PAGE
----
was to identify the factors which increased/would increase the auditors' independence. The results showed that the

factors such as audit committee, client size, the size and experience of audit firms increased the auditors' independence,

and other factors, namely, competition among the auditing firms decreased the auditors' independence. A survey was

carried out by Sajadi and Naseh (2003) in Iran regarding the effectiveness of certified auditing of financial statements

among 51 managers. The conclusion was that independent auditors would be effective in the detection and reduction of

illicit acts and offences as well as the exercise of precise appraisal of bases used in accounting estimates. However, such

auditing would not serve the purpose of improving internal control system reducing the likelihood of errors omission.

The study by Mojtahedzadeh and Aghaei (2005) focused on the factors influencing independent audit quality. The study

covered the perceptions of 90 investors, 71 creditors, and 92 auditors in Iran selected on the basis of random sampling.

The study showed that the investors and the creditors strongly believed that any other services affected auditor

independence.

Another survey was carried out by Hassas-Yeganeh and Khaleghi (2004) in Iran regarding the attest function of the

independent auditors and the respondents included auditors and investors. The results indicated that there was an

expectation gap between the auditors and users on the attest function of the independent auditors. The results also

showed that there were significant differences between the auditors and users regarding the reliability of the audited

financial statements and the comparability of the audited financial statements. The users believed that if the audited

financial statements were re-audited by others, they would show a different picture.

4. Research methodology and objective

Since the main objective of this research is determination of relationship between audit competence and audit quality in

Iranian environment, therefore the research question as follows: Q1: Do audit expertise detect more fraud in auditing?

Q2: Do audit Effectiveness can detect major distortions?

Q3: Do more audit competence cause more fraud detection?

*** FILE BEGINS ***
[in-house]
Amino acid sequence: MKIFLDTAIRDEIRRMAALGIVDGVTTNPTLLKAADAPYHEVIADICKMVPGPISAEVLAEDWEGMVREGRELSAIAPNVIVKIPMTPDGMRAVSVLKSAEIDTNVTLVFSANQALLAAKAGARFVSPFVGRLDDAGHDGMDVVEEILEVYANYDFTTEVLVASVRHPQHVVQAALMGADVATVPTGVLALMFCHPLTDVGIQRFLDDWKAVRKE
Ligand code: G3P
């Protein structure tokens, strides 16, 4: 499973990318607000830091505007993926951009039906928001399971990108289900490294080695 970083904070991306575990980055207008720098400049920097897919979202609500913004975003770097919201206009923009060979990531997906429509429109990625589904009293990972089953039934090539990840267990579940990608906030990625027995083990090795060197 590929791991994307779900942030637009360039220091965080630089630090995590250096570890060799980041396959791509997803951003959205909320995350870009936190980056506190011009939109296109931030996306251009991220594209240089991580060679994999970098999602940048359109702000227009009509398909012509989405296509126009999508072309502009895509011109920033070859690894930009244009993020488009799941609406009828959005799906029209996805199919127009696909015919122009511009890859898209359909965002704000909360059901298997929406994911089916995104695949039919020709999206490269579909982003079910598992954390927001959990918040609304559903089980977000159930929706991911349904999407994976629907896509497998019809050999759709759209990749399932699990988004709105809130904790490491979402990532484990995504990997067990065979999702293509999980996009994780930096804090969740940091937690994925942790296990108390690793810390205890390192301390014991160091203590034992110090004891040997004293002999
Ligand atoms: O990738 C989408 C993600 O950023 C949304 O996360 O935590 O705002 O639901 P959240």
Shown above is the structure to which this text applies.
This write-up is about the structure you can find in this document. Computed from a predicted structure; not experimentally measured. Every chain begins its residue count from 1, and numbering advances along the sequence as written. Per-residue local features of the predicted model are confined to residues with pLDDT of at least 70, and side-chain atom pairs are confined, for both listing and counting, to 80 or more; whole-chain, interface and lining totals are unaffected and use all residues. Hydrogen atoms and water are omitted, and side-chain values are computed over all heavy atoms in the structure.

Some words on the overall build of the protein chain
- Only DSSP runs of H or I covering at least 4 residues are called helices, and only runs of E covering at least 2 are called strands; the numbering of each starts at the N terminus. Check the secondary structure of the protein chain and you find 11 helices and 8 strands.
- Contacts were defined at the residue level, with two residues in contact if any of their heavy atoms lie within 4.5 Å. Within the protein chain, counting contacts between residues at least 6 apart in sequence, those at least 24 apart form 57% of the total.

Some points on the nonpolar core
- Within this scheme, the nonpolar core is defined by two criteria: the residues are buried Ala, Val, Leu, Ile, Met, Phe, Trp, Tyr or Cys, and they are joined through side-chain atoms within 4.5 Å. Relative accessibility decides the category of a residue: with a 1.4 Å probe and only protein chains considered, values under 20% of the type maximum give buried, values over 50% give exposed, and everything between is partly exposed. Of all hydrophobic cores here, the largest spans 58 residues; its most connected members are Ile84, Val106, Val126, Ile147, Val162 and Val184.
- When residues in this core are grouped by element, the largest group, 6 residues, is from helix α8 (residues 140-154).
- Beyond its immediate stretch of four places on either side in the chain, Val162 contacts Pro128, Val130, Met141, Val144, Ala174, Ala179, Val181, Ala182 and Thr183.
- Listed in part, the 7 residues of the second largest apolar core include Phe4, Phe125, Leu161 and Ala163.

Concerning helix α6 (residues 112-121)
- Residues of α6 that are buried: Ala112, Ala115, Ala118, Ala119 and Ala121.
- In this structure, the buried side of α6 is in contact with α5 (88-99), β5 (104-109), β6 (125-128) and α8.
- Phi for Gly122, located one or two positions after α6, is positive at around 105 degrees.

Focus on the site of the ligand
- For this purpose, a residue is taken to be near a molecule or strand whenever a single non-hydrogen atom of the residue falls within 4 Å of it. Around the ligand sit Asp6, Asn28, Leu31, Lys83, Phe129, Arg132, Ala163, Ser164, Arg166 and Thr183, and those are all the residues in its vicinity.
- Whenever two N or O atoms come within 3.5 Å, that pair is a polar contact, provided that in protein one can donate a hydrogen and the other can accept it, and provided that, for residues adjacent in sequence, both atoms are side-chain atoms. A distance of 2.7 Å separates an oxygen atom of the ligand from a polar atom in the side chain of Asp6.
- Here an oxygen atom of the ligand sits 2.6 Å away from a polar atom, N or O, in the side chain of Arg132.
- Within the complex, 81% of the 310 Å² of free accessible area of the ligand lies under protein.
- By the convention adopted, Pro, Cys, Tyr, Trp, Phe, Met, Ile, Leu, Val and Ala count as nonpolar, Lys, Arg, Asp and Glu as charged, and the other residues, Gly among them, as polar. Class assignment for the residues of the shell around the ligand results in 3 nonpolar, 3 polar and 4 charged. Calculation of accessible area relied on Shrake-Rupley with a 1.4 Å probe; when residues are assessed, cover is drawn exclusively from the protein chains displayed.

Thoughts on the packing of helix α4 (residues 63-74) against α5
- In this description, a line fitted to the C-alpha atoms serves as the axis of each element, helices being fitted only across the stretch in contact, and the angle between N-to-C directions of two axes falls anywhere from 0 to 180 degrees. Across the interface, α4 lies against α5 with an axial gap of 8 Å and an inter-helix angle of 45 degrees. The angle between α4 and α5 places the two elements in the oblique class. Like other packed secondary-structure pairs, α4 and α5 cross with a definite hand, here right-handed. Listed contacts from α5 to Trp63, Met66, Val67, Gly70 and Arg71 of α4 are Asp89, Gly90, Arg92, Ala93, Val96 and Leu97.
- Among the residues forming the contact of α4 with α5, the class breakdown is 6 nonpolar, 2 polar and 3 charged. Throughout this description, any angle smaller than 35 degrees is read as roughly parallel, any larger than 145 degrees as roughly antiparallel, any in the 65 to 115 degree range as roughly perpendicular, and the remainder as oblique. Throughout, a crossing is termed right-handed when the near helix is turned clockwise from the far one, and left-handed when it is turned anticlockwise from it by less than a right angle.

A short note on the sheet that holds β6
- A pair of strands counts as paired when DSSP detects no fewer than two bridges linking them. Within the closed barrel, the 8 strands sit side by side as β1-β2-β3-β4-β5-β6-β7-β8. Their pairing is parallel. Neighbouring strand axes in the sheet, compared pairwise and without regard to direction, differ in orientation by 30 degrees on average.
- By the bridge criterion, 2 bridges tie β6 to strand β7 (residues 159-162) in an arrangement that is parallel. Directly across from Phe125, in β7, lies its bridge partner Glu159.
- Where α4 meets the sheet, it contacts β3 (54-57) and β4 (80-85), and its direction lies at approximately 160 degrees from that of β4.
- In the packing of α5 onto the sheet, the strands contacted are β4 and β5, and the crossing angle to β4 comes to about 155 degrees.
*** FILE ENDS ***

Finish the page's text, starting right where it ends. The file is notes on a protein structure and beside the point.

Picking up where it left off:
According to the above literature and the objective of this study the useful data was collected. So far accurate answer to

this question, the authors design and developed a questionnaire based on method used in previous researchers. The

questionnaire contains two parts namely (A) bio-data and (B) this section includes some questions regarding to audit

expertise and fraud detection, audit effectiveness and fraud detection, and audit competence and fraud detection.

In this research at first step the important factor that is related to auditing quality were explored by studying technical

contexts; further, the validity of explored title assessed by Delphi group that includes Iranian Association of Certified

Public Accounting (IACPA) members. in the Delphi session title in Iran environment. Using gained viewpoints the

Vol. 4, No. 2 International Journal of Business and Management

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elementary group asked to determine the relation and importance of detected index regulated. Hence we can say, those

factors that conduct research hypotheses are those factors that are completely compatible to Iran environment. In this

research participants at the first step requested to determine their idea (agreement or disagreement to the effects of

independent variable on detecting important distortions), then according to their ideas requested to determine degree of

agreement and disagreement for assessing degree of disagreement and agreement we used the Range of integer number

from -9 to 9 which -9 represent highly disagreement and 9 represent highly agreement to the hypotheses while zero

represent none of them.

To the bases of important factor we conducted three hypotheses including:

H1: Specialization of IACPA member affects on their ability on detecting important fraud.

H2: Audit efficiency (audit profit to expenditure ratio) affects on IACPA member auditing to detecting important fraud.

H3: The competency of IACPA member affects on detecting important fraud.

4.1 Results of the study

180 respondents were completed the research questionnaire. Among these 180 participants , there were 29 expert or

having auditing knowledge (16.10 percent) which they worked as an independent auditor , the rest 30 ( 16.8 percent)

were worked as an internal auditor, 60 were in financial and banking management (62.40 percent participants), 30

numbers of them were in faculty member and 31of them were accounting student. According to Table 1 out of 180